LW water bill is lower than last year’s but more needs to be done
The severity of water shortages throughout the west prompted the Metropolitan Water District of Southern California (MWD) to declare a “water supply alert” last week.
Local reservoirs have enough imported water for Southern Californians to weather the drought into next year, according to water officials. But it’s time to start conserving that supply to ward off harsher restrictions.
Specifically the “water supply alert” triggered a call for a voluntary 15-percent reduction in water use. That reduction could help delay more serious water mandates, including limiting supplies to the 26 local water agencies served by MWD and issuing fines for excessive use. In Leisure World, residents have heard the call for water conservation. This month’s GRF water bill reflected a 35-percent reduction in water compared to last year’s use. So keep up the good work by sweeping sidewalks and patios instead of hosing them down, taking shorter showers and fixing leaky faucets. Rebates for low-water use washing machines, toilets and sprinkler nozzles are available at bewaterwise.com.
The MWD distributes water from the Colorado River and northern California. The decision to seek the voluntary cutback came shortly after the federal government declared a water shortage in the Colorado River for the first time. The move mandates an 18-percent reduction of the river water for Arizona and 7 percent for Nevada — as well as reductions for Mexico — beginning Jan. 1.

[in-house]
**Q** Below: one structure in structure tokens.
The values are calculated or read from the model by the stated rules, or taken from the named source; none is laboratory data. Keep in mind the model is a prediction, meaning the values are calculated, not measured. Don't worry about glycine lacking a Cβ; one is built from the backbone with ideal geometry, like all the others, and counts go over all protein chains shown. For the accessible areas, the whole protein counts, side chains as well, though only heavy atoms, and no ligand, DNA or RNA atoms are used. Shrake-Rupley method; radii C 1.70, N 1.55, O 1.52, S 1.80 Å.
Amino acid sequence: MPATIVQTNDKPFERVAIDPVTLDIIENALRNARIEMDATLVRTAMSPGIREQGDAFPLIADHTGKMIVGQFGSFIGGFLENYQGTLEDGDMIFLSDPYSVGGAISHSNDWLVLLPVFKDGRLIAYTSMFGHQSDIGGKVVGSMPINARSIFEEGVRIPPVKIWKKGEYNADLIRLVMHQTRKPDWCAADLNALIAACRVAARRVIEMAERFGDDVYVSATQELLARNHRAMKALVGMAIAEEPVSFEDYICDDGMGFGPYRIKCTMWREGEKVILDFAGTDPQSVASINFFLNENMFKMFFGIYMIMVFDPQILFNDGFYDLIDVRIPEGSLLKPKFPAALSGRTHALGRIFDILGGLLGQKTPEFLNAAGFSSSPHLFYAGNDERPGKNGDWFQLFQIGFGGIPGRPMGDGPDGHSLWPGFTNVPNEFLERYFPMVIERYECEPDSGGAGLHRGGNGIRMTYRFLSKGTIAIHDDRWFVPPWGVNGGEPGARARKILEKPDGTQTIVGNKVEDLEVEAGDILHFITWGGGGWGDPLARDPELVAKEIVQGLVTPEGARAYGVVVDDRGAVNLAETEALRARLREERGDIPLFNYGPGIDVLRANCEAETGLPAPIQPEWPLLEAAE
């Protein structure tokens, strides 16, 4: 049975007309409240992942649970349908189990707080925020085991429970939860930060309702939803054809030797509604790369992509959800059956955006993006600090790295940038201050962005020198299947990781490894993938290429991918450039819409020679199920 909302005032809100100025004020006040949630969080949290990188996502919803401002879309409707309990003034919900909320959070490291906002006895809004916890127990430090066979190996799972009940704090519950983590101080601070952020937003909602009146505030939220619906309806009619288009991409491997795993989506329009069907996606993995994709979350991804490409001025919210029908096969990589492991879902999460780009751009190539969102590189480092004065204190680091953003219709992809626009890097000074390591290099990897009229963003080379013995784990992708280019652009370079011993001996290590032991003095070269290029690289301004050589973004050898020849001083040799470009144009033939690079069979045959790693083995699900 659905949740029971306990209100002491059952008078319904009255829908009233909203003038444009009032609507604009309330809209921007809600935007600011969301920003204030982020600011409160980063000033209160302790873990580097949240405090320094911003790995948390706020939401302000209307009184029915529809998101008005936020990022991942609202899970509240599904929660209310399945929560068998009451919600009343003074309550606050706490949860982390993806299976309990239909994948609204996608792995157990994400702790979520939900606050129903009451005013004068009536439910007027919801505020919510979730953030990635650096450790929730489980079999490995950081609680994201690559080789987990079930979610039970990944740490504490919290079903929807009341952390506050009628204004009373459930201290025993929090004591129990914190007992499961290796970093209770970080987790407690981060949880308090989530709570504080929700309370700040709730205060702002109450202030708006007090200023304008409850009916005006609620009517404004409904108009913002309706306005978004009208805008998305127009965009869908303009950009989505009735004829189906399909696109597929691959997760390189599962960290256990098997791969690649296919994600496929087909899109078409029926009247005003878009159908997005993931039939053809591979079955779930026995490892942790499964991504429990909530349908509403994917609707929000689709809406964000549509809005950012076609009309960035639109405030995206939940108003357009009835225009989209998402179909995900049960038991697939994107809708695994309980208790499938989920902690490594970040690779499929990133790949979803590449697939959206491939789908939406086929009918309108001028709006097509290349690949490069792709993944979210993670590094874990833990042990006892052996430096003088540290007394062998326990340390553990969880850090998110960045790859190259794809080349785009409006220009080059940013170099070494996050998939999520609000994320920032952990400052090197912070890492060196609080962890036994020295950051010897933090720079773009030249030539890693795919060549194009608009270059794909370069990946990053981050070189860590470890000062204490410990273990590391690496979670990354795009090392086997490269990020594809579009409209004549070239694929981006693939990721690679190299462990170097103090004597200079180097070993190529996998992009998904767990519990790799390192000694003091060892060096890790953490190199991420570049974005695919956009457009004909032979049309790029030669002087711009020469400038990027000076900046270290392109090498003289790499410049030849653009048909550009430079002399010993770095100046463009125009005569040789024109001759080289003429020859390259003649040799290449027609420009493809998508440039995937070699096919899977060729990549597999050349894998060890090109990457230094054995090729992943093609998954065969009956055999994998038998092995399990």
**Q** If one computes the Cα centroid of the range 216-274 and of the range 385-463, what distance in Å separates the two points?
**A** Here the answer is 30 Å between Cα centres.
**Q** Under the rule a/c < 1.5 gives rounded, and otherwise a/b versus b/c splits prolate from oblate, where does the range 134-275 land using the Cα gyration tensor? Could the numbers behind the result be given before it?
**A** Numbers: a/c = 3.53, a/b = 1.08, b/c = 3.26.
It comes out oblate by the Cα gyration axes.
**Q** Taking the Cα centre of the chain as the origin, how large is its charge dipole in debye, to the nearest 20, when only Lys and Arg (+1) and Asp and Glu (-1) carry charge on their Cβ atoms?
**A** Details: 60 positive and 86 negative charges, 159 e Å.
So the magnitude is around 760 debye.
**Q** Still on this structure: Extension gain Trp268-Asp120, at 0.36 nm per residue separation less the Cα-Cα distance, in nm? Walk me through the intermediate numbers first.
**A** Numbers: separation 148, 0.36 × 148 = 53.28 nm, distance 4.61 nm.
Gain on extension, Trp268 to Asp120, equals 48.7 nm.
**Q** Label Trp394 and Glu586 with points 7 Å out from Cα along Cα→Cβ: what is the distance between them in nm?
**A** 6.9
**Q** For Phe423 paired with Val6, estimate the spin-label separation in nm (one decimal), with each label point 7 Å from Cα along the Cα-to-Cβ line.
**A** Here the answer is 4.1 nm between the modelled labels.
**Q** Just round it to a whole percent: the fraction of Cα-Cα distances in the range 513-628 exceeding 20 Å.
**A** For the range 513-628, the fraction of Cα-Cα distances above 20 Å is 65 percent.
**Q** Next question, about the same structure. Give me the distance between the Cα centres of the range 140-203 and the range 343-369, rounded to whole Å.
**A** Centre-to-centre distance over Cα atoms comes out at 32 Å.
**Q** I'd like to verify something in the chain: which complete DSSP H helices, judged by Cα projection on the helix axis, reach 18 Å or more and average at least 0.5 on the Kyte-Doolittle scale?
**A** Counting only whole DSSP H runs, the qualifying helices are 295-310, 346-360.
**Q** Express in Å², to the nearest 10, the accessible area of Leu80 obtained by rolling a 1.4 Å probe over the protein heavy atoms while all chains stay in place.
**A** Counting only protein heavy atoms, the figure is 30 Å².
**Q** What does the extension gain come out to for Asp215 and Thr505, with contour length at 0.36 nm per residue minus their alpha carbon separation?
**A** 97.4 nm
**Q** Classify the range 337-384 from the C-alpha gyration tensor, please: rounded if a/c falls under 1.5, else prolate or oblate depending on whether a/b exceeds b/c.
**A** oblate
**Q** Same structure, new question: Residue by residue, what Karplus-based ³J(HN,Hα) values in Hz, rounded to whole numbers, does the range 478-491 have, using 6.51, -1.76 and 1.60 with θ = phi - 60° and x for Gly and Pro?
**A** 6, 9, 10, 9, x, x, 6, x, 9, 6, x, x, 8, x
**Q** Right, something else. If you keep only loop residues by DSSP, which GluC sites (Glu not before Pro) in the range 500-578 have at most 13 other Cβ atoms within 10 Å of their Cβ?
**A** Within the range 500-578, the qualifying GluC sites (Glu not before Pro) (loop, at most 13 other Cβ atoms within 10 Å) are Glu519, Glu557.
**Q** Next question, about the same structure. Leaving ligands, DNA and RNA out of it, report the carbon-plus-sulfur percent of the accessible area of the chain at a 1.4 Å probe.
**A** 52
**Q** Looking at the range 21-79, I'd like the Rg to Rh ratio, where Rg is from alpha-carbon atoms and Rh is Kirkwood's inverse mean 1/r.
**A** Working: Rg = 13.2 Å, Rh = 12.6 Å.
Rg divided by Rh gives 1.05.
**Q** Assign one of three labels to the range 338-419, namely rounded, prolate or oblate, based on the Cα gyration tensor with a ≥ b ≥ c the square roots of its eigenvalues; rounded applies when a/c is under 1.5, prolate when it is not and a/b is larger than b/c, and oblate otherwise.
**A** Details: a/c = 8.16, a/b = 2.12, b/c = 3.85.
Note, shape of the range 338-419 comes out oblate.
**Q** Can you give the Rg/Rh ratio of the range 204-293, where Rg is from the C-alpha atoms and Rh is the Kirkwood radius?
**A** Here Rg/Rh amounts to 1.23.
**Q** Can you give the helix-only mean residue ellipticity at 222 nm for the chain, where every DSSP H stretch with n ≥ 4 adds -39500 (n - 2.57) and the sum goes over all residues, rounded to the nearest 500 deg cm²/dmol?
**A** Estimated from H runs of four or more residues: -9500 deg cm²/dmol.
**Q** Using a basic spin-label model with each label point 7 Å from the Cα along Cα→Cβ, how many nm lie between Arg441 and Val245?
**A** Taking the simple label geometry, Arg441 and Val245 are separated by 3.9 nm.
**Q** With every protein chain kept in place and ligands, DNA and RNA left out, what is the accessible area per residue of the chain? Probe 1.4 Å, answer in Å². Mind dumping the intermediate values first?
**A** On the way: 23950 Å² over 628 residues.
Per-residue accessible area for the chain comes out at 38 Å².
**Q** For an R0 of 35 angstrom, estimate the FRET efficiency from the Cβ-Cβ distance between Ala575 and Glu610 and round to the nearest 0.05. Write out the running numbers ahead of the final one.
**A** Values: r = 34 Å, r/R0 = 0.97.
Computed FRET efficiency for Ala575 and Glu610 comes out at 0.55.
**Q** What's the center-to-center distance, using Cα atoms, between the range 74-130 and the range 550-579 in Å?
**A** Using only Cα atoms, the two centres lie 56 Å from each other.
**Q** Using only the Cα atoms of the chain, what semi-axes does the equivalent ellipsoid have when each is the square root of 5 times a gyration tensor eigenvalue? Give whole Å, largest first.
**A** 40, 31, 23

Gov. Gavin Newsom has declared a drought emergency for 50 of the California’s 58 counties. Southern California has been spared that declaration so far, although the state’s call for voluntary reductions applies to all counties.
During the 2007-2009 drought, people made changes that led to long-term water savings, thanks to MWD initiatives that included drought-proof landscaping and low-flow toilets and showers. The MWD has also been building reservoir and aquifer storage, increasing capacity roughly 13-fold since the 1990s.
While the current drought began in 2020, the MWD didn’t begin tapping reserves until this year, according to news reports. On Jan. 1, it had a record 3.2 million acre feet in storage and expects to tap about 600,000 acre feet of that to help fulfill an anticipated 2021 demand for imported water of 1.75 million acre feet. An acre foot is enough for about nine people a year. The MWD serves 19 million people in six counties.